Summer reading. Two words that can mean joy and indulgence to some, and yet inspire dread or fear in others. When Princeton-Blairstown Center was looking to re-imagine its Leader-in-Training program, one goal was to weave in literacy in a deeper, more organic way, to help kids connect with both texts and with one another. But how?
Enter, the Leader-In-Training (LIT) book club. Whether used in a school setting or in one like PBC’s LIT program, a book club has the advantages of offering a student-centered and social way for students to share and engage around texts they’ve read.
Other benefits of student book clubs are that they:
Considering that community and student reflection are two overarching goals of the LIT Program, the book club model is truly a perfect fit for our setting. Once the decision was made to form a book club, we turned to other questions, such as:
- What would participants read? How would the book be selected?
- Who would lead conversations around the text?
Eventually, Angie Thomas’s The Hate U Give was selected for its popularity among students, literary appeal, and social commentary themes; And thanks to a generous book donation from one of our partners, we had enough copies available in the Peyton Library to get started.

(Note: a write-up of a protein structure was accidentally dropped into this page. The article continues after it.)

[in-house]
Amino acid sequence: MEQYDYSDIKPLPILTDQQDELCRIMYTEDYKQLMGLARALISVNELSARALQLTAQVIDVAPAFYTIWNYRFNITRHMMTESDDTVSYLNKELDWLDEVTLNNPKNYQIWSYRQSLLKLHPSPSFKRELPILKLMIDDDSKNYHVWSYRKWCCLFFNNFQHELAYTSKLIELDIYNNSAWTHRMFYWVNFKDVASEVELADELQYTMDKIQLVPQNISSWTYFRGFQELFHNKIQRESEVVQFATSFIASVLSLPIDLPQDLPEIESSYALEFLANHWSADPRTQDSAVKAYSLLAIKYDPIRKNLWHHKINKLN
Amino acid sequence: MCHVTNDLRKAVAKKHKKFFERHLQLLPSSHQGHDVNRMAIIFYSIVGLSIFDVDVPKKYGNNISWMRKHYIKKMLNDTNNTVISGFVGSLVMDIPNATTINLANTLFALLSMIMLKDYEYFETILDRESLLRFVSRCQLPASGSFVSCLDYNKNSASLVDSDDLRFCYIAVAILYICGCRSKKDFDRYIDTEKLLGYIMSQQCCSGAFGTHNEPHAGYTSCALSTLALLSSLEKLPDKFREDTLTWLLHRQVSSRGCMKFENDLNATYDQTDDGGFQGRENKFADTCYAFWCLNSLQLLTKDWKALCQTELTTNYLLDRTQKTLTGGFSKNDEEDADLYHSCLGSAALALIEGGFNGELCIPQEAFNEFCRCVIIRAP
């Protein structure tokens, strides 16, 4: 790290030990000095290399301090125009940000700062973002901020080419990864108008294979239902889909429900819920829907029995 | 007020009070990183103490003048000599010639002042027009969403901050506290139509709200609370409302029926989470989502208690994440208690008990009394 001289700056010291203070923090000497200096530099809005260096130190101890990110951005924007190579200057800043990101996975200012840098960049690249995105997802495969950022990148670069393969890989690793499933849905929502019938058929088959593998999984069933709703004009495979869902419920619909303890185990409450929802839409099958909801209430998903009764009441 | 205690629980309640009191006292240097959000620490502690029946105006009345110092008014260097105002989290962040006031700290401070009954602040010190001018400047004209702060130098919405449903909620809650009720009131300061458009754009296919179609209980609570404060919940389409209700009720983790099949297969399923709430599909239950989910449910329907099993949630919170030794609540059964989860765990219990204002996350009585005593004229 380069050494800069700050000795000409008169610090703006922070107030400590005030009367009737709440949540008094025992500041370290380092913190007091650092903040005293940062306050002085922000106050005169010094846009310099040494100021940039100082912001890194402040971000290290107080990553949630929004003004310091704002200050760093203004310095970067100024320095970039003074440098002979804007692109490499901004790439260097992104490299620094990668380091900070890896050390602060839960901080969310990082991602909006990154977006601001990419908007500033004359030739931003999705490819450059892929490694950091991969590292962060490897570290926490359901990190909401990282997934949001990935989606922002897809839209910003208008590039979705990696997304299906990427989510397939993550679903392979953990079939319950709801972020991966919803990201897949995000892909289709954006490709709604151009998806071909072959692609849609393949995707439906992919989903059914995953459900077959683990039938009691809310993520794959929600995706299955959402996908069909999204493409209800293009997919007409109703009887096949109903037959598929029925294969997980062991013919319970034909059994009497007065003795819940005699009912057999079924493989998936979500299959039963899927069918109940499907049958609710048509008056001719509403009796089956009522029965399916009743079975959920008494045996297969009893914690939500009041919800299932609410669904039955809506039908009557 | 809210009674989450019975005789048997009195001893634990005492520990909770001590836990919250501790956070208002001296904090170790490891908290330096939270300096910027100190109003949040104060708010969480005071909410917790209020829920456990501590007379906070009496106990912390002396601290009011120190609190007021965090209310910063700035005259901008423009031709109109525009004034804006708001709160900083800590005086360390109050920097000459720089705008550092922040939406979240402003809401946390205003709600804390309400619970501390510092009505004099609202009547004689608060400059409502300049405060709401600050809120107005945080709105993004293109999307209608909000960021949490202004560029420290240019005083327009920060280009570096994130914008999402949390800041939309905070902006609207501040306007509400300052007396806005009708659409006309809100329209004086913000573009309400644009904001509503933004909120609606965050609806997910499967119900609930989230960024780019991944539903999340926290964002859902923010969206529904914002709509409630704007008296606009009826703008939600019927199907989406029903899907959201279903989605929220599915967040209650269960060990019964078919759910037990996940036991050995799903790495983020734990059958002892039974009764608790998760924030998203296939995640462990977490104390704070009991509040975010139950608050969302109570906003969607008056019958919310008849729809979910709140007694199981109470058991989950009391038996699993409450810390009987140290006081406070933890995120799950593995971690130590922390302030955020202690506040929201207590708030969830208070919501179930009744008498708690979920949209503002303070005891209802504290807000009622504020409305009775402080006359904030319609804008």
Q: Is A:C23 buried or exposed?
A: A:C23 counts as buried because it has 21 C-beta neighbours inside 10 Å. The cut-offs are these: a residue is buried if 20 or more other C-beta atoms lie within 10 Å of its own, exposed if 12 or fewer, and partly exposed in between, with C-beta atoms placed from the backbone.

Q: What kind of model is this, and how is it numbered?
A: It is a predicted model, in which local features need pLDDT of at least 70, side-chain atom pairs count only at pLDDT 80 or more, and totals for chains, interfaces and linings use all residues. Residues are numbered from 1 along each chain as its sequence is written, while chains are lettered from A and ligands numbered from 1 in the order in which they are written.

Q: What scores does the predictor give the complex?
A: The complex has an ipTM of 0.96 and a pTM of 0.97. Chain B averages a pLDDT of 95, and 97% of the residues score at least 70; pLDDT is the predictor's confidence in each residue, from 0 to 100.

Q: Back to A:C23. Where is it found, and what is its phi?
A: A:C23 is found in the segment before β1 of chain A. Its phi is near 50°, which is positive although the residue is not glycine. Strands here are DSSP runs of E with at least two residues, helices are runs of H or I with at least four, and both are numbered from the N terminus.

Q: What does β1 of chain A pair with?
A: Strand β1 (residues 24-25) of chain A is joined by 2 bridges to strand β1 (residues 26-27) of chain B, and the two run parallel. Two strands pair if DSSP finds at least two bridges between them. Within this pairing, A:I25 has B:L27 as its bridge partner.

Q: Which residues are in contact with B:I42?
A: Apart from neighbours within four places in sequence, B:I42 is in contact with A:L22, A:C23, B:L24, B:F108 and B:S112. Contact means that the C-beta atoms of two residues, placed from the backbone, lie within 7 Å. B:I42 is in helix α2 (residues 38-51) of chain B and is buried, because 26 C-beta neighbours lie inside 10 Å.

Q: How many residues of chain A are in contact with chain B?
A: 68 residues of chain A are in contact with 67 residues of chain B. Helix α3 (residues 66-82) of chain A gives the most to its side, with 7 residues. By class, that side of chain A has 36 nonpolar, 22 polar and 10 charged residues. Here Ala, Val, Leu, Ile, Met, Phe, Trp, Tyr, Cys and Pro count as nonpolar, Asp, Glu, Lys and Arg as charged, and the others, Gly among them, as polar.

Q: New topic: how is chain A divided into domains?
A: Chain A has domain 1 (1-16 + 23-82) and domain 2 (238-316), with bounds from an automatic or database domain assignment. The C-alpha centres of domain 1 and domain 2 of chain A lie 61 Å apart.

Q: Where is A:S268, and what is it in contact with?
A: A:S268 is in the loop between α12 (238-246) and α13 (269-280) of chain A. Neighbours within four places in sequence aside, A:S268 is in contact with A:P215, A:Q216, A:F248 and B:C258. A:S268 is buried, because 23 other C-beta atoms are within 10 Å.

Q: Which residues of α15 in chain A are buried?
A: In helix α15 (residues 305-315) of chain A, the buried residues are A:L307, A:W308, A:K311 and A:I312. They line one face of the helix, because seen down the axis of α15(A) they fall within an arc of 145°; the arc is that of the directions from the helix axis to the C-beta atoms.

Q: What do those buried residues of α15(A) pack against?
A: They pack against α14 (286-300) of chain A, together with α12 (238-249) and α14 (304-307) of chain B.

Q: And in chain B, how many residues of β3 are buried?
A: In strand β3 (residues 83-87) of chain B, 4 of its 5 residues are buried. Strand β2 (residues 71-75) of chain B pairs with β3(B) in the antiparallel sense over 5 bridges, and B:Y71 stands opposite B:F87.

The benefits of regular reading are much deeper than just enhanced comprehension, vocabulary, and language fluency, though.
“Broad and deep reading habits can sharpen intelligence, make you a better communicator, and improve emotional intelligence, among other benefits,” says John Coleman in this Harvard Business Review article. A separate article by Coleman is entitled: “For those who want to lead, read”. While that headline basically says it all; but the research and anecdotal evidence that backs up the lead is truly remarkable. Regular readers tend to be better communicators, and better writers, too. Avid readers also typically have a wider understanding of a variety of subjects, and often can better empathize and see things from others’ points of view.
All these skills are essential for effective and well-rounded leaders, and we are happy that the LIT book club (a construct that is perhaps older than printing itself!) is another tool available to us to build both stronger readers and stronger leaders.